“Your litmus test is: Are you growing with an account or are they pulling business?” says Hlavin, the 72-employee company’s president. “We’re growing with customers because they feel we’re a partner. We’re not just trying to get more money out of them. We don’t look at every transaction as dollars and cents.”
Hlavin believes the dollars and cents will come, even in a time of recession. The key is realizing that you need help running your business and you need help making sure your customers are completely satisfied with what they are getting.
Hlavin didn’t even try to do it all by himself. Instead, he launched a customer concierge program.
“Basically, it’s a dedicated person,” Hlavin says. “You call in, they answer. Whatever your needs are, that person is there to satisfy those needs. Whether it’s information on the production floor, visibility into scheduling and how parts are being produced, they can get it. But it’s also extracting information from customers and suppliers that help us.”
Hlavin recognized the need for this type of service when he looked at the pace of new product development at Thogus and the opportunity it presented for miscommunication.
“You tend to lose details when communication breaks down with too many people in line,” Hlavin says. “So I brought in a person to be that program manager, that concierge. Their job is to own all of that information. They communicate with each of those departments and each one of those people. They even go out to the customers and all of our suppliers that have input in the process. But that one person owns that.”
So what if you’re the type of leader who doesn’t like giving up that kind of control to other people? What if you still want to be the one who’s always talking to the customer and making all the important decisions?
“You’ve built the business to a certain point but times have changed, and you need to recognize it,” Hlavin says. “This economy and the customer dynamic has changed. You need to recognize you have weaknesses and gaps on your floor. You have to be receptive to that criticism. You may not like it, but you need to be receptive to it. If you’re not and you still think you’re better than everybody else, why are you struggling?”
You need to use your employees who are experts in what they do and let them play an active part in the process of running your business. If you’ve been too stubborn to admit you need help, but you’re ready to do it now, then just be honest with your people.
“It’s almost like a 12-step program,” Hlavin says. “‘Hey employees, I’ve promised change in the past and we haven’t done it. It’s a problem.’ You have to own that. ‘I haven’t made the changes that I promised you, and I’m coming to you because I want you to recognize that we now have to, and I need your help.’ Employees respond well to open and honest feedback and feel that they are part of changing an organization or saving an organization.”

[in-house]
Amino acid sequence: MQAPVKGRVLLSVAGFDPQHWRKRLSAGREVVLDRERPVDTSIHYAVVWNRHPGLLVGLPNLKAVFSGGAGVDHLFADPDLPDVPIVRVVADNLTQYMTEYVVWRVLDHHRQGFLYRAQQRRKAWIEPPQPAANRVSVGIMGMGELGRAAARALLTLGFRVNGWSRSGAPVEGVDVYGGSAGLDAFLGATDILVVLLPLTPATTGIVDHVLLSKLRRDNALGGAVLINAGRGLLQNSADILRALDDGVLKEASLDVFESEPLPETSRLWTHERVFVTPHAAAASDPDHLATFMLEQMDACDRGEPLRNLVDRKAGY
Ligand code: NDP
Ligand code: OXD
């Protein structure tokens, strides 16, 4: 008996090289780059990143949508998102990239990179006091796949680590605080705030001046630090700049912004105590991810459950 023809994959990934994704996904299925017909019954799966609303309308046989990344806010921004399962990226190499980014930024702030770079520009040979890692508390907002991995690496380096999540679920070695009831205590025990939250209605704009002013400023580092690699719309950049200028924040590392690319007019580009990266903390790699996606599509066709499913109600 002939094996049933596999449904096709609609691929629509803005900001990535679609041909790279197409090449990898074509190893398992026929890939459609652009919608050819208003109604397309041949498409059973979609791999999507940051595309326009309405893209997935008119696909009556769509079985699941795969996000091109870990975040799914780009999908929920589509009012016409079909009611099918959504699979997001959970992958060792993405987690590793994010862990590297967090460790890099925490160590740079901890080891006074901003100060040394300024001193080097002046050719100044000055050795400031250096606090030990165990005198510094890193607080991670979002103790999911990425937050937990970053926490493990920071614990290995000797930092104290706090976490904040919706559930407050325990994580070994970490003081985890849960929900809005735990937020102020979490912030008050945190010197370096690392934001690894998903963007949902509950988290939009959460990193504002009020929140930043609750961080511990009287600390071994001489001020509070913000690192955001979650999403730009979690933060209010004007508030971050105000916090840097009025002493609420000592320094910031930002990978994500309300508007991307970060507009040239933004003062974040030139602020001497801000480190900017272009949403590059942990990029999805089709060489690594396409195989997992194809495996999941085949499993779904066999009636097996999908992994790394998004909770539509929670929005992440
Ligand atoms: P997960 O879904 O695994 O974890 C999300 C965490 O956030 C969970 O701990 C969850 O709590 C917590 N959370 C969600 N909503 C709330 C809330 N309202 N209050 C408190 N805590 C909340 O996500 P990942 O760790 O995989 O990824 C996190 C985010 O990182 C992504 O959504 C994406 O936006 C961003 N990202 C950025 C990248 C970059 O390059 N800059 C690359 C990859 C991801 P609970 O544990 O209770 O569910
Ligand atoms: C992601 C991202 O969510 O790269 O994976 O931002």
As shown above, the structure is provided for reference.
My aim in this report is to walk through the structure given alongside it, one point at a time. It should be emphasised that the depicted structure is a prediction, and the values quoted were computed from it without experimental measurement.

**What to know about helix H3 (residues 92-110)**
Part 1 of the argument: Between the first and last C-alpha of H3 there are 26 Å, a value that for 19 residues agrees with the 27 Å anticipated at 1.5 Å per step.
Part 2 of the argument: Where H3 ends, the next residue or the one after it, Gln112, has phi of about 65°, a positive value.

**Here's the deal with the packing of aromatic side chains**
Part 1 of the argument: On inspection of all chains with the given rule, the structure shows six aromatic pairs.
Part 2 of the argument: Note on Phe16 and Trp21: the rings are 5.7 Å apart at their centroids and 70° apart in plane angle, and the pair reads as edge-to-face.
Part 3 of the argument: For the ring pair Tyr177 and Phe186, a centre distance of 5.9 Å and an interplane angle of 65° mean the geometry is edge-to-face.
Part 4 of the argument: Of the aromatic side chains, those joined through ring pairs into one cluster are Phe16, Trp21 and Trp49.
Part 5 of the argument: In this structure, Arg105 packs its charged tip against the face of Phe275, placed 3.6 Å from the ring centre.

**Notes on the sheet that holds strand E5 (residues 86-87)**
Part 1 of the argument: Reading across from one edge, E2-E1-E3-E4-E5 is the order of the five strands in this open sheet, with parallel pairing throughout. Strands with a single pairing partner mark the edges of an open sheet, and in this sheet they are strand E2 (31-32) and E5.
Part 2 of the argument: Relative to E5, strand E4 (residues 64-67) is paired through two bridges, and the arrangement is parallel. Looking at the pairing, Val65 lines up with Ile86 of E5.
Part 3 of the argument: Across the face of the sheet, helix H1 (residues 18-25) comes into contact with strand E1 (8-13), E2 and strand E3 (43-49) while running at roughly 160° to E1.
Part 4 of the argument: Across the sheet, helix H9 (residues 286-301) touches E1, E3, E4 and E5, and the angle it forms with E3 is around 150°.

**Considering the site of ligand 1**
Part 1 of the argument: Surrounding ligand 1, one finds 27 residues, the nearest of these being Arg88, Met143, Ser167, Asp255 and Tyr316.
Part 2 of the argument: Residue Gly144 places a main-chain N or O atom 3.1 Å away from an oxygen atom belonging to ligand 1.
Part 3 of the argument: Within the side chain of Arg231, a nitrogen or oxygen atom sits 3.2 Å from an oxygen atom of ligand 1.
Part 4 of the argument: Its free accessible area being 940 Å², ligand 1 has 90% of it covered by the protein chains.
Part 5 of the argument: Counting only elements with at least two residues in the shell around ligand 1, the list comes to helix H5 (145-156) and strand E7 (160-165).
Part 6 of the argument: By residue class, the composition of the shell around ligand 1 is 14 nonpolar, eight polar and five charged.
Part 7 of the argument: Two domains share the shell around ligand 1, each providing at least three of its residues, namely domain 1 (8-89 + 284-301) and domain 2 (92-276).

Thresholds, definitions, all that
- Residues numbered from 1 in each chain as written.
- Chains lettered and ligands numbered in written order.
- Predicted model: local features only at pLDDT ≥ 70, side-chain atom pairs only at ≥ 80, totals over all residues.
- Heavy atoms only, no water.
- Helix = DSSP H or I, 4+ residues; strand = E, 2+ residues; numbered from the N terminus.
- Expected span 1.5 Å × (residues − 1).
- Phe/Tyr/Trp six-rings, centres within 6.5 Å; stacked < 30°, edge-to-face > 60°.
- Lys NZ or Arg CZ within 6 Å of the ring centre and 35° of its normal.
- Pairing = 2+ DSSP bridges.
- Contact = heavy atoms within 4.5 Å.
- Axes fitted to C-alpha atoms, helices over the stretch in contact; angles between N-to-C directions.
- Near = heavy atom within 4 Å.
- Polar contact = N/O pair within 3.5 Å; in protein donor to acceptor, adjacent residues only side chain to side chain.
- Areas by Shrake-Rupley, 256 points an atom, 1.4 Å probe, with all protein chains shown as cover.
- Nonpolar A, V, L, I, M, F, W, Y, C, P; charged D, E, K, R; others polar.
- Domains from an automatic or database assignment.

Many of the tenets of leadership that are espoused in countless journals and textbooks are made fun of as being cliché. But the problem isn’t in the message. It’s in the failure to act. And if your customers are as important to you as you claim, you need to take action to make sure your company is treating them right.
“It’s not just shipping parts because they placed a purchase order,” Hlavin says. “It’s understanding how the process flows from bringing in the parts, assembling or manufacturing them, and then getting it to the customer. If you have transparency all the way through, it breeds a more successful environment.”
Just do it
Matt Hlavin makes sure he talks to every one of his 72 employees at Thogus Products Co. on a rotating basis. The meetings are called “Matt’s Chats,” and they are an opportunity for an employee and the president to sit down for a one-on-one talk about anything and everything.
“It’s three questions,” says Hlavin, president of the company. “What do you like about Thogus? What don’t you like about Thogus?”
The third question is actually more of an opportunity for employees to bring up anything they want to bring up confidentially, whether it’s about a colleague, a supervisor or some other matter they want to keep private.
Of course, many leaders talk about holding one-on-one sessions with employees or maintaining an open-door policy. Then why don’t they usually work?
“You have to execute it,” Hlavin says.
When someone brings you an idea in one of these sessions, perhaps try implementing it and see what happens.
“Execute on their idea,” Hlavin says. “Try it. Then communicate the results of it. It really comes down to the X’s and O’s. If you’re going to make a promise, you have to follow through on that promise. If not, it’s just another harebrained idea.”
How to reach: Thogus Products Co., (866) 933-8850 or www.thogus.com